Janet Yellen

Janet Yellen
Janet Yellen official Federal Reserve portrait.jpg
United States Secretary of the Treasury
Nominee-designate
Assuming office
TBD
PresidentJoe Biden (elect)
DeputyWally Adeyemo (nominee)
SucceedingSteven Mnuchin
15th Chair of the Federal Reserve
In office
February 3, 2014 – February 3, 2018
PresidentBarack Obama
Donald Trump
DeputyStanley Fischer
Preceded byBen Bernanke
Succeeded byJerome Powell
Vice Chair of the Federal Reserve
In office
October 4, 2010 – February 3, 2014
PresidentBarack Obama
Preceded byDonald Kohn
Succeeded byStanley Fischer
Member of the Federal Reserve Board of Governors
In office
October 4, 2010 – February 3, 2018
PresidentBarack Obama
Donald Trump
Preceded byMark W. Olson
Succeeded byVacant
In office
August 12, 1994 – February 17, 1997
PresidentBill Clinton
Preceded byWayne Angell
Succeeded byEdward Gramlich
President of the Federal Reserve Bank of San Francisco
In office
June 14, 2004 – October 4, 2010
Preceded byRobert Parry
Succeeded byJohn Williams
18th Chair of the Council of Economic Advisers
In office
February 18, 1997 – August 3, 1999
PresidentBill Clinton
Preceded byJoseph Stiglitz
Succeeded byMartin Baily
Personal details
Born
Janet Louise Yellen

(1946-08-13) August 13, 1946 (age 74)
Brooklyn, New York City, U.S.
Political partyDemocratic
Spouse(s)George Akerlof
Children1
EducationBrown University (AB)
Yale University (MA, PhD)
Signature

Janet Louise Yellen (born August 13, 1946) is an American economist at the Brookings Institution and a professor emeritus at the University of California, Berkeley, Haas School of Business. She served as the chair of the Federal Reserve from 2014 to 2018, and as vice chair from 2010 to 2014. She was the first woman to head the Federal Reserve.[1] President-elect Joe Biden has announced he will nominate Yellen to serve in the Cabinet as the United States Secretary of the Treasury.[2]

Yellen was a Federal Reserve Board Governor from 1994 to 1997 and again from 2010 to 2018. She served as the 18th Chair of the White House Council of Economic Advisers under President Bill Clinton from 1997 to 1999. She was President of the Federal Reserve Bank of San Francisco from 2004 to 2010.

In 2014, Yellen was nominated by President Barack Obama to succeed Ben Bernanke as chair of the United States Federal Reserve.[3] She served one four-year term as Federal Reserve Chair from 2014 to 2018 and was not reappointed by President Donald Trump.[4]

In addition to her continued contributions to the field of economics, Yellen is also noted for breaking down many gender barriers as a woman in the field.[3]

Early life and education

Yellen was born in a Polish Jewish[5] family in the Bay Ridge neighborhood of New York City's Brooklyn borough,[6] where she also grew up. Her mother was Anna Ruth (née Blumenthal; 1907–1986), an elementary school teacher, and her father Julius Yellen (1906–1975), a family physician, who worked from the ground floor of their home.[7][5][8] Her mother quit her job to take care of Janet and her older brother, John.[7][9] She graduated from local Fort Hamilton High School as a valedictorian.[10][7]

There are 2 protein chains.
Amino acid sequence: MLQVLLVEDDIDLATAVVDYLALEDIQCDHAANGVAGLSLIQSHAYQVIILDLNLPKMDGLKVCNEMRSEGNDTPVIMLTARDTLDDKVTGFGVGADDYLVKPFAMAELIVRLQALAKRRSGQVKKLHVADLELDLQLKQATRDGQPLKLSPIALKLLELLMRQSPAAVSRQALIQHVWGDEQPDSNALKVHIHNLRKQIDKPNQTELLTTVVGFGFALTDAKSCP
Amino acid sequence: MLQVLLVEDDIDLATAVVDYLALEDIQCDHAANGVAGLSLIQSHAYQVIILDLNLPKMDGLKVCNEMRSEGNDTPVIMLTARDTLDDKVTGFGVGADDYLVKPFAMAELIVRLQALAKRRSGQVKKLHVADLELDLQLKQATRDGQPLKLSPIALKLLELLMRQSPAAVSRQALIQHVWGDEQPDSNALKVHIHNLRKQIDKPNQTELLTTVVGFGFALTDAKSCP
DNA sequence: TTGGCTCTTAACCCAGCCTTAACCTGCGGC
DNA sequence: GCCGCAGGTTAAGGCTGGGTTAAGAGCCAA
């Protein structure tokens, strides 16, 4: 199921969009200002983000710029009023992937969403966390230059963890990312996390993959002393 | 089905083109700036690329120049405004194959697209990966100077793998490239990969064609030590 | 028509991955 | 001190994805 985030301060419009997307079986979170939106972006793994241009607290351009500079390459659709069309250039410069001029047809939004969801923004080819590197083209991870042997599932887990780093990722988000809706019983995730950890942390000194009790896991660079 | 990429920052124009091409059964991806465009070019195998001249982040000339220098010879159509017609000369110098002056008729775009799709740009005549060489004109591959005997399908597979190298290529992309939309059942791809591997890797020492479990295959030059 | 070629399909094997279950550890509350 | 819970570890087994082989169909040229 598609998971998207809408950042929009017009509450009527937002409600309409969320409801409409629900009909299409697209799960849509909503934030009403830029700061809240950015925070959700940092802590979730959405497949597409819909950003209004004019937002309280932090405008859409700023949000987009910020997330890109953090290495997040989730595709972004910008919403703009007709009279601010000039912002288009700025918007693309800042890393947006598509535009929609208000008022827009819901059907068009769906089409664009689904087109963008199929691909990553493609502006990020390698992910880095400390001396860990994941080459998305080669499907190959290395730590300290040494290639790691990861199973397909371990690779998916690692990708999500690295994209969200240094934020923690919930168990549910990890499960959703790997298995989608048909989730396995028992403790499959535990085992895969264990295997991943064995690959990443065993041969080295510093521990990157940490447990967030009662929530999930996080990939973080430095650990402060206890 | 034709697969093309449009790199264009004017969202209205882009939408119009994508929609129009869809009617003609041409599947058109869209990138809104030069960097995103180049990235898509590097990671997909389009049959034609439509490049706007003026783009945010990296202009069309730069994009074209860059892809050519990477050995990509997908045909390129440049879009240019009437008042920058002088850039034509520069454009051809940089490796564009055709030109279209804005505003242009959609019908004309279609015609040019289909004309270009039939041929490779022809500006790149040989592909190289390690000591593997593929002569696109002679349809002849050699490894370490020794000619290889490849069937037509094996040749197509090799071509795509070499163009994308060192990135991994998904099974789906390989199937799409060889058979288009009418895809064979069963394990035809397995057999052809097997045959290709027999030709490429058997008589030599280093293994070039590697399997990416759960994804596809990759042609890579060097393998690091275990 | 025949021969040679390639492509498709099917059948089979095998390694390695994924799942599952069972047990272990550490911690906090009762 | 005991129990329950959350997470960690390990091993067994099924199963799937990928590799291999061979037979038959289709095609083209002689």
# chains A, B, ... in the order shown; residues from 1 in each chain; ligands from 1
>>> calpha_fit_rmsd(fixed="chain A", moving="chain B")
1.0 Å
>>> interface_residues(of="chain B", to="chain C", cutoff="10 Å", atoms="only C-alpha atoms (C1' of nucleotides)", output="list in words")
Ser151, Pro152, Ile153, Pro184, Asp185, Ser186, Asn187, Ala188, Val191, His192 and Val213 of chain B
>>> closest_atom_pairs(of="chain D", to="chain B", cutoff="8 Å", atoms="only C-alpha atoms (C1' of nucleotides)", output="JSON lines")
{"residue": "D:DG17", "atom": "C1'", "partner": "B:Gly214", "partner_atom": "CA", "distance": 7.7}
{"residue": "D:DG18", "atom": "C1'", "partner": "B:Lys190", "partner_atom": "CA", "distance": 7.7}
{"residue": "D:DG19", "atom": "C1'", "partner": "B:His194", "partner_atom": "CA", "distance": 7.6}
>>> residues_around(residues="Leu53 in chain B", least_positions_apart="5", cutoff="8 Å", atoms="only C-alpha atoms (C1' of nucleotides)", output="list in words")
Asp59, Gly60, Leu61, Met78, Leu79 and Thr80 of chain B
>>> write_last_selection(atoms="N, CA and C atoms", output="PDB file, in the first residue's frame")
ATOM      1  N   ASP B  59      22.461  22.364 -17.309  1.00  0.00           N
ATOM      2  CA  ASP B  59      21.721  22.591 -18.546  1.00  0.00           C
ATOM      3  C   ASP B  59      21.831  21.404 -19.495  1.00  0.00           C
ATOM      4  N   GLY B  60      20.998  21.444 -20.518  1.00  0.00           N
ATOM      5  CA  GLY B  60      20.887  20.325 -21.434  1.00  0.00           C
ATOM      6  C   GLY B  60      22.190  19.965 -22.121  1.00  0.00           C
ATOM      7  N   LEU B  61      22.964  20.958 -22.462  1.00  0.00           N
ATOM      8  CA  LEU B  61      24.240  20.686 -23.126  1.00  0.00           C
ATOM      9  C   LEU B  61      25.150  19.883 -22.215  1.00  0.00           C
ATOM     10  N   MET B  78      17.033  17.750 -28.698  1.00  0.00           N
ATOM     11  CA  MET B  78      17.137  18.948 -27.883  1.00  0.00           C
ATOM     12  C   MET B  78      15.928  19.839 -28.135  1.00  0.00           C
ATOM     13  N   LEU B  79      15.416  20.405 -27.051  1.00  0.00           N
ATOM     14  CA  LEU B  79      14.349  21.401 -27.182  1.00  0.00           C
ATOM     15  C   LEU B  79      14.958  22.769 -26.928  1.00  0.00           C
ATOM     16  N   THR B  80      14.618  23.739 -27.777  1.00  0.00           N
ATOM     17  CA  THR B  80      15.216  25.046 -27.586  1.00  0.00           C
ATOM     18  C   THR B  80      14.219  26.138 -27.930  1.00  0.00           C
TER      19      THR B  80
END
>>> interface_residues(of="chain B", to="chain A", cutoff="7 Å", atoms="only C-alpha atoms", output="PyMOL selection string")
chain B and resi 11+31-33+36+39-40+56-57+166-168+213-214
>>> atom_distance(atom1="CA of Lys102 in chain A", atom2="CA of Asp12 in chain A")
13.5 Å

Yellen graduated summa cum laude from Pembroke College in Brown University with a degree in economics in 1967. At Brown, she switched her planned major from philosophy to economics and was particularly influenced by professors George Borts and Herschel Grossman.[11] She received her Ph.D. in economics from Yale University in 1971. Her dissertation was titled "Employment, Output and Capital Accumulation in an Open Economy: A Disequilibrium Approach" under the supervision of (later to be) Nobel laureates James Tobin and Joseph Stiglitz, who has called Yellen one of his brightest and most memorable students.[3] Two dozen economists earned their Ph.D from Yale in 1971, including Uri Possen and Gary Smith, but Yellen was the only woman in that doctoral class.[3]

Career

Early career

After receiving her doctorate, Yellen was an assistant professor at Harvard from 1971–76.[12] In 1977, she was recruited to become an economist with the Federal Reserve Board of Governors by Ted Truman, who had known Yellen from Yale.[13][14] Truman was a junior professor at Yale and heard her oral exam, and had recently taken over the Fed's Division of International Finance. She was assigned to research international monetary reform.

While at the Fed, she famously met her husband George Akerlof in the central bank's cafeteria and the two were hastily married.[13] However, Akerlof had already accepted a teaching position at the The London School of Economics and Political Science, where Yellen would also land a position as a lecturer.[15] Beginning in 1980, Yellen joined the faculty at the University of California, Berkeley to conduct macroeconomics research and teach MBA and undergraduate students. She is now a professor emerita at the University of California, Berkeley's Haas School of Business where she was named Eugene E. and Catherine M. Trefethen Professor of Business and Professor of Economics. She has been awarded the Haas School's outstanding teaching award twice.[13]

Public service